It's not often that security personnel -- or technology folks of any sort, for that matter -- gush. That's the case, though, in this RiskBloggers' post by Securent advisory board member Jim Reavis about the eXtensible Access Control Markup Language (XACML).
XACML, which was approved by an international standards consortium called the Organization for the Advancement of Structured Information Standards (OASIS) more than four years ago, provides a framework for advanced security for Web and other applications. XACML is a way to share vital information related to access control. So, for instance, the policies governing access to a particular database or application can be read and understood by the program trying to gain access to that data.
Explanations of XACML get pretty complex pretty quickly. In these cases we take our cues from the experts, and Reavis is excited about XACML:
To me, it is not a question of if you will implement XACML, but when. What will be the project, regulation, compatibility issue, partner mandate or other tipping point that will get your organization on the XACML bandwagon? When you have implemented it once, the dividends you will receive by creating entitlements for follow-on applications will be tremendous.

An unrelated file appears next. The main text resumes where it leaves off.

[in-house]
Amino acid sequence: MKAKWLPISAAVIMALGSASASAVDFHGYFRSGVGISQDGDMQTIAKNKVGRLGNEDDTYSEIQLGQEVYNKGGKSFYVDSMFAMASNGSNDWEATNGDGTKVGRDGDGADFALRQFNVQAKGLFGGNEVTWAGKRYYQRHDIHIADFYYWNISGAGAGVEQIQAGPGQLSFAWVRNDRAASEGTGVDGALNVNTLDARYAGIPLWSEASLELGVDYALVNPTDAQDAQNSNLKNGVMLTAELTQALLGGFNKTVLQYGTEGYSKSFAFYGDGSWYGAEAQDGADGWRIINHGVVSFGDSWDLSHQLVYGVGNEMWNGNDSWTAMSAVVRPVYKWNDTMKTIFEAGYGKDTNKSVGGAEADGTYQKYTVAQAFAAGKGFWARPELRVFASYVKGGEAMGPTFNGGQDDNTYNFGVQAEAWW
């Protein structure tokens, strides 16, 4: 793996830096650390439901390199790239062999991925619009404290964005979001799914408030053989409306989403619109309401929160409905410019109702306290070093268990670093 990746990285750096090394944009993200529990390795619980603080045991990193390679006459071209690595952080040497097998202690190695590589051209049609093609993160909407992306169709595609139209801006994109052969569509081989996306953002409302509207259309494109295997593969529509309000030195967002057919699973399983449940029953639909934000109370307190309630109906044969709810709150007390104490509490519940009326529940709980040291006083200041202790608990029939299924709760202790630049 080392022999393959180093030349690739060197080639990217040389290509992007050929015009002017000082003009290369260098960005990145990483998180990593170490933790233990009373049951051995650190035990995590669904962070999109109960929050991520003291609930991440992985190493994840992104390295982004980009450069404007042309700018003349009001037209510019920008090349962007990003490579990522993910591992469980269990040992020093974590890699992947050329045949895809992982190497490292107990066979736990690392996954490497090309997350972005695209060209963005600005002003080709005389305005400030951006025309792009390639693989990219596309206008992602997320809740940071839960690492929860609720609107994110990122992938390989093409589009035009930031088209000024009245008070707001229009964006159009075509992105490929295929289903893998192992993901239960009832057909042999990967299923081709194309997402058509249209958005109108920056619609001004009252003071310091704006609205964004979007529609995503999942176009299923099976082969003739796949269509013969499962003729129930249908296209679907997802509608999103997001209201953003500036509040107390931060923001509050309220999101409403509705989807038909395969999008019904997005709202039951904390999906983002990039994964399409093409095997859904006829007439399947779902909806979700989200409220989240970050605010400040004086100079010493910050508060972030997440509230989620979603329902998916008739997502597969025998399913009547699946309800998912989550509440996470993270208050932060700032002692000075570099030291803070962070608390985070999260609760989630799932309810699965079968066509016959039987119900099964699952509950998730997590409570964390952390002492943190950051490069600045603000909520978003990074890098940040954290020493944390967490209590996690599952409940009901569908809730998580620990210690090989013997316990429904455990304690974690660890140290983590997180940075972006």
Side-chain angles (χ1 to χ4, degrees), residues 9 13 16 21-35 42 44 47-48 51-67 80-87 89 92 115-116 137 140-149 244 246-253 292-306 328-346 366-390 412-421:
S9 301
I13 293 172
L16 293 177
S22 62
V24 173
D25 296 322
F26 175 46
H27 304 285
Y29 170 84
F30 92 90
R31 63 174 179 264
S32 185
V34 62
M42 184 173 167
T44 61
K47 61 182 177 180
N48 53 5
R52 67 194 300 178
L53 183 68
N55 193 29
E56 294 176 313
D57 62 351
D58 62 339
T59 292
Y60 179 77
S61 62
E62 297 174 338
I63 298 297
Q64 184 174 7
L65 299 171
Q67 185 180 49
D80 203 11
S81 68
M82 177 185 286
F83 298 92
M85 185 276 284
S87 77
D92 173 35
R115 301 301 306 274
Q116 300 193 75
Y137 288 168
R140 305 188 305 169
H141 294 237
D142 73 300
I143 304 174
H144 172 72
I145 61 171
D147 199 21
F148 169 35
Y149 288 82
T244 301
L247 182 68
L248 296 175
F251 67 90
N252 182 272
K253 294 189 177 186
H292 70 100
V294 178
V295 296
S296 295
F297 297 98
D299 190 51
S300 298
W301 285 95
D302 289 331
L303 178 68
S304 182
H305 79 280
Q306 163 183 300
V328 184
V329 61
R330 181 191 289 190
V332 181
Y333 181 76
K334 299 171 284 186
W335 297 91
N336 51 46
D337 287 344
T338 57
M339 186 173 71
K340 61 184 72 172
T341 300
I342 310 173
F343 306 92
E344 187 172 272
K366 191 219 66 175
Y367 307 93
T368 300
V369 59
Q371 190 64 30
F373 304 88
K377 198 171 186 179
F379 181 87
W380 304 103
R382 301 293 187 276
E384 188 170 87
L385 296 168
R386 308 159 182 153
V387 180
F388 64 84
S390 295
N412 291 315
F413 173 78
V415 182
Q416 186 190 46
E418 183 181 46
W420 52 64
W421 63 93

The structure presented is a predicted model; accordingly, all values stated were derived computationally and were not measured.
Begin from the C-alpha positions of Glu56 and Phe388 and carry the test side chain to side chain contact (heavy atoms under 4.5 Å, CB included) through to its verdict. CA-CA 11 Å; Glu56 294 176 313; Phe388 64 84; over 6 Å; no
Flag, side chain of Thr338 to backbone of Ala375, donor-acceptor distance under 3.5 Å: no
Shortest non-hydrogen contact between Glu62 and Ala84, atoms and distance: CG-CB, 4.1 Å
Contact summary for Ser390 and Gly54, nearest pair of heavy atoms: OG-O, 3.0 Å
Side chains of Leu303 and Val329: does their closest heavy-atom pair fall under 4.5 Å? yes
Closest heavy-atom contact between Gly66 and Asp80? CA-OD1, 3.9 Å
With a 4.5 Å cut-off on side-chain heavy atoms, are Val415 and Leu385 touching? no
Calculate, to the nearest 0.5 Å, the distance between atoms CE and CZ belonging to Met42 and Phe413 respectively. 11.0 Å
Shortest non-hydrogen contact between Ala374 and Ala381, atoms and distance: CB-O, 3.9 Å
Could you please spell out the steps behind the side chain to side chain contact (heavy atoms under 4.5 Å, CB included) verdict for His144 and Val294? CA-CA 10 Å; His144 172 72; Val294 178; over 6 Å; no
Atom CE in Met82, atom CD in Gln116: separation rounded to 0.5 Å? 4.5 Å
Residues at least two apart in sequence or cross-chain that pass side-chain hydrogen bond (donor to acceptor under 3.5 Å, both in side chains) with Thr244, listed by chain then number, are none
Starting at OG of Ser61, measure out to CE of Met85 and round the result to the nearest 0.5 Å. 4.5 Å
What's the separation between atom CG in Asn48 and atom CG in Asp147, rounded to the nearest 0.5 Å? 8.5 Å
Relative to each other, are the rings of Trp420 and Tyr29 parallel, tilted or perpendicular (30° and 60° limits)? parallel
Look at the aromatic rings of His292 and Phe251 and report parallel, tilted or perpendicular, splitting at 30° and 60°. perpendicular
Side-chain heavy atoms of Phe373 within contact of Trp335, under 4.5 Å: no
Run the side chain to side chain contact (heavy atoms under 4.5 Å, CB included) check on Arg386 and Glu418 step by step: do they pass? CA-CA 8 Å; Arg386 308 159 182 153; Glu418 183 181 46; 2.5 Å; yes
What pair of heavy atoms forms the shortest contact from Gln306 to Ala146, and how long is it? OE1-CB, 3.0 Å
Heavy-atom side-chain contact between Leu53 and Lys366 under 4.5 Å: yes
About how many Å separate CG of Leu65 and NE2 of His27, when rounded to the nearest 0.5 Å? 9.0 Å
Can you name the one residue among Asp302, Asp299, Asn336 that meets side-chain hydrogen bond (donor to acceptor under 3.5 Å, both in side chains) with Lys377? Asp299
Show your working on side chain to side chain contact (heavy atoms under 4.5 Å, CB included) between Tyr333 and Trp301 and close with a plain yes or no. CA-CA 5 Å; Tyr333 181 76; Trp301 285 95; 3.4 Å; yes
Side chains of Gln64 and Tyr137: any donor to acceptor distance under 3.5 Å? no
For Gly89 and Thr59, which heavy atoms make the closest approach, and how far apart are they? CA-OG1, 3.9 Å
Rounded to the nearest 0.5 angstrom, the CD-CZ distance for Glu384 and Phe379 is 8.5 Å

Perhaps Reavis' post was timed to coincide with a what appears to have been a big day in the life of XACML. At the Burton Catalyst Conference late last month in San Francisco, eight companies -- BEA, IBM, JBoss/Red Hat, Oracle, CA, Jericho Systems, SymLabs and Securent -- demonstrated cross-vendor XACML interoperability, according to this InfoQ story. XACML in general and the demo in particular is described in this podcast produced by Burton Group.
It's possible, though a bit difficult, for a layperson to appreciate the importance of such initiatives without understanding the underlying technology. A tremendous amount of vital data is housed on the Web. Simultaneously, companies increasingly need to cooperate and confederate across site boundaries. The challenge is enforcing security and oversight in such a diffuse environment.
XACML could be a way to do this. It is related to the eXtensible Markup Language (XML), as the name implies. At its highest level, XML is a way of organizing data on the Web by tagging it to make it usable by other Web-based applications. XACML does the same thing for security information and does so, apparently, in a very powerful manner.